“In 1827 he published _The Christian Year_. By its tone as much as by its content, it advocated a sober, even sombre, godliness which was somewhat lacking in emotion and music. It did not aspire to being great literature: it was written as a commentary on the Book of Common Prayer and as a guide to devotion, and as such it was to be of immense help and comfort to thousands. It also contained poems which where to win permanent fame, including the Whitsun hymn, ‘When God of old came down from Heaven’, and the evening hymn ‘Sun of my soul’. There is little in it which can be regarded as specifically Tractarian or High Church, although it has always been regarded as a central work in the life of the Oxford movement. It was probably its ethos, its close identity with the teaching of the Prayer Book, and its encouragement to a restrained, but profound and deep holiness which appealed to Tractarians and High Churchmen in general, as well as to a much wider readership.
Keble’s widespread popularity because of _The Christian Year_ meant he was chosen as a candidate for the Oriel provostship when it fell vacant. “Perhaps much to his regret in later life, Newman voted for [the other candidate] Hawkins, defending his choice with the remark ‘You know we are not electing an angel but a Provost.’ … Keble’s natural distaste for a struggle, and his genuine Christian humility made him resolve to avoid a contested election, and he quickly withdrew in favour of Hawkins.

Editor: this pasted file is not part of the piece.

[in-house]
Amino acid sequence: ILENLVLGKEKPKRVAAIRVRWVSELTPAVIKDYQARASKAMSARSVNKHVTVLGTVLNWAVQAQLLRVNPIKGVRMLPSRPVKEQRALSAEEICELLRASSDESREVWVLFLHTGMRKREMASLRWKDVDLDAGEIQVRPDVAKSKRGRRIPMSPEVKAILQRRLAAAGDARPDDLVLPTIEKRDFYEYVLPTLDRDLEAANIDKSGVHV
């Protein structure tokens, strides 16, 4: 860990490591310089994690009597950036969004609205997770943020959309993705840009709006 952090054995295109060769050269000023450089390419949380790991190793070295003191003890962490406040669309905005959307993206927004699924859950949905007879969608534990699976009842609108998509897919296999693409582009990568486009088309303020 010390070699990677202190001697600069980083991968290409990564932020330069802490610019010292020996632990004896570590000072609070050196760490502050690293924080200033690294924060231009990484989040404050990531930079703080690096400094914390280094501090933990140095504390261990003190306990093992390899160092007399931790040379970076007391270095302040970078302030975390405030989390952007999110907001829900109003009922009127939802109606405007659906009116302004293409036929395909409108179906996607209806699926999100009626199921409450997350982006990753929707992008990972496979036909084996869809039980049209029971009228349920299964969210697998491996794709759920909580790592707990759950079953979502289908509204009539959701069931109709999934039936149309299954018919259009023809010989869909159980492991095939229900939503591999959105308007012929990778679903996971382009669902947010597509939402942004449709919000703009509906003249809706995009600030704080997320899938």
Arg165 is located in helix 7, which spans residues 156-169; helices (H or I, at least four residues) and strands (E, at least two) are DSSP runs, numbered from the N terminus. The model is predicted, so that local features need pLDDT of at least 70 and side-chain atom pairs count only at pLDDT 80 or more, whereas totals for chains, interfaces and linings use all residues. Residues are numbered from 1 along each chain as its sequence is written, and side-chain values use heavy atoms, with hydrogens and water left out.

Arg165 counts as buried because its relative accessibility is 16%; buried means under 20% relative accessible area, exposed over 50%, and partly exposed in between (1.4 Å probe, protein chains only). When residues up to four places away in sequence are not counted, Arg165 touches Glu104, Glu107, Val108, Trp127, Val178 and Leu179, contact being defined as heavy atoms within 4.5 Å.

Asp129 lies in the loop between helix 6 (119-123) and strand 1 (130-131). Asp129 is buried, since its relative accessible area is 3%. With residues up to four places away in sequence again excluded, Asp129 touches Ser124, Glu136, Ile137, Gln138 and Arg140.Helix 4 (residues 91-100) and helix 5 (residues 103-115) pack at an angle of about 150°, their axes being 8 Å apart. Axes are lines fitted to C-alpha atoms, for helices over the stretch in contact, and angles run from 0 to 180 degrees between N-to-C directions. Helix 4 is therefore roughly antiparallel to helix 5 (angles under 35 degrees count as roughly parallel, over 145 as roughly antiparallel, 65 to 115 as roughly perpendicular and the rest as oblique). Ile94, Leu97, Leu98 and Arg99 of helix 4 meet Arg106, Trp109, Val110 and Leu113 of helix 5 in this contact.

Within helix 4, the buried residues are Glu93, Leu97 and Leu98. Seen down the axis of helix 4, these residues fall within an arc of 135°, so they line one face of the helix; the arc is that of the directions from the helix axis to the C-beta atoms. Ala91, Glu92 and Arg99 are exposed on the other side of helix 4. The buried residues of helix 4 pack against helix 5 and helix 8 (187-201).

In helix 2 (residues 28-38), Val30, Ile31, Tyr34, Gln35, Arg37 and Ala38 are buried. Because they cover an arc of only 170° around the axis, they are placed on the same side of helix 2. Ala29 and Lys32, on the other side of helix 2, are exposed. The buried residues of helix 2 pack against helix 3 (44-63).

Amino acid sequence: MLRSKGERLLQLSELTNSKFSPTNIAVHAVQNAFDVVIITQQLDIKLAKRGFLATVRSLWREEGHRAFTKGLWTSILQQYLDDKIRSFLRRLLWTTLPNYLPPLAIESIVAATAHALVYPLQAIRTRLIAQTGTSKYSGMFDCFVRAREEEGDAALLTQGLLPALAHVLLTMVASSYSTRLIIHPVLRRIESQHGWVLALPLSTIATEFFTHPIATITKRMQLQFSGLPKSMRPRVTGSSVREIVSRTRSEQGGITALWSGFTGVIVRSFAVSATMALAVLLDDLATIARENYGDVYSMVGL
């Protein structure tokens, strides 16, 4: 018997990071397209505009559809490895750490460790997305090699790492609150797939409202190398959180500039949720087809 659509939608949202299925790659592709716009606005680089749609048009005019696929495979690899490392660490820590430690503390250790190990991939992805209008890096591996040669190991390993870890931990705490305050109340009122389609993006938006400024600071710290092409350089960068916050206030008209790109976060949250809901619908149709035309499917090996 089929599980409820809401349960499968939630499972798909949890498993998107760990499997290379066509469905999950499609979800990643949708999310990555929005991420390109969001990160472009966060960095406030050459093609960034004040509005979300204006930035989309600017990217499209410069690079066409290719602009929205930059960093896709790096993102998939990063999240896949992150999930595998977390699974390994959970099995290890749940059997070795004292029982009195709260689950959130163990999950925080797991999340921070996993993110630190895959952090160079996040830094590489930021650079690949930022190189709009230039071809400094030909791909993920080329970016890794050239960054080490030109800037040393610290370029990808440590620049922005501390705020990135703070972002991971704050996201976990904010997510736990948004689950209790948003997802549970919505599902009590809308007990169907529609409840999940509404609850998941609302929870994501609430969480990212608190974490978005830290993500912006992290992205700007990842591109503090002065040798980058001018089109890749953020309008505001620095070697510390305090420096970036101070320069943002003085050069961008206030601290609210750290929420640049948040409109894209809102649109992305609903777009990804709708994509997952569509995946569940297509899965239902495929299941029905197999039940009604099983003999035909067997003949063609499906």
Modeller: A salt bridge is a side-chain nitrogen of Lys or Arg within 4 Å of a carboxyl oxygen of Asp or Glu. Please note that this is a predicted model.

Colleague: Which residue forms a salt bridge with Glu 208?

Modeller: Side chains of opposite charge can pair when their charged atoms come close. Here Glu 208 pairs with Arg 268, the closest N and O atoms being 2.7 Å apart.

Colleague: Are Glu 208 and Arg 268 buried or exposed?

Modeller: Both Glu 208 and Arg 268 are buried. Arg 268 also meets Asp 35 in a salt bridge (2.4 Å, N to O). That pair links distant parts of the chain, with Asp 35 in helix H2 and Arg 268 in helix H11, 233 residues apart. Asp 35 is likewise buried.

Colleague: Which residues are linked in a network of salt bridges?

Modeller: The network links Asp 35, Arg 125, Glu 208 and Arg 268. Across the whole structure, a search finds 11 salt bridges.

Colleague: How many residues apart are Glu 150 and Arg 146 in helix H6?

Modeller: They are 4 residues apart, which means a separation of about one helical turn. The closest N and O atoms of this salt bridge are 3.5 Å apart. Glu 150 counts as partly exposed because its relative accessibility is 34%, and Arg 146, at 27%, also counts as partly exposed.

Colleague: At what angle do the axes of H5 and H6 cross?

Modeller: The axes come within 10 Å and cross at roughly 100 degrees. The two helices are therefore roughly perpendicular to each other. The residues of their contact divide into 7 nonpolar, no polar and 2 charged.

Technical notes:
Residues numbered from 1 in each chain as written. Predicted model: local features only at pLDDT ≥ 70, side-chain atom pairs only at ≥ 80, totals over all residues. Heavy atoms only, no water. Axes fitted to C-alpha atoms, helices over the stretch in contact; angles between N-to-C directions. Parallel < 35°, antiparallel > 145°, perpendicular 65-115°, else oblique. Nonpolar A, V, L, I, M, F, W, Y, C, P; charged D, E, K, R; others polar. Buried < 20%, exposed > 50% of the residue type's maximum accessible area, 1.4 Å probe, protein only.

“In 1829 Keble for the first time expressed his Tory principles in a political campaign when he joined with Newman and Froude to attack Peel because of his reversal of policy in declaring his support of Catholic Emancipation. It marked the first public concerted action of the triumverate [sic] who were to combine as leaders of the Oxford movement. [Keble] seemed unable even to contemplate the injustice done to Roman Catholics in withholding emancipation in his passionate concern to protect the interests of the Church of England. [But he saw the Catholic Emancipation Act as a threat to the basis of the Church of England’s authority, which would no longer be upheld by] a Parliament which might soon admit men of all Christian traditions or no religion at all. It was his response to this challenge which motivated and formed the substance of his 1833 Assize Sermon. His heart was full of foreboding for the future. England appeared to be drifting from its Christian heritage, and the call of Christians was to resist the national apostasy.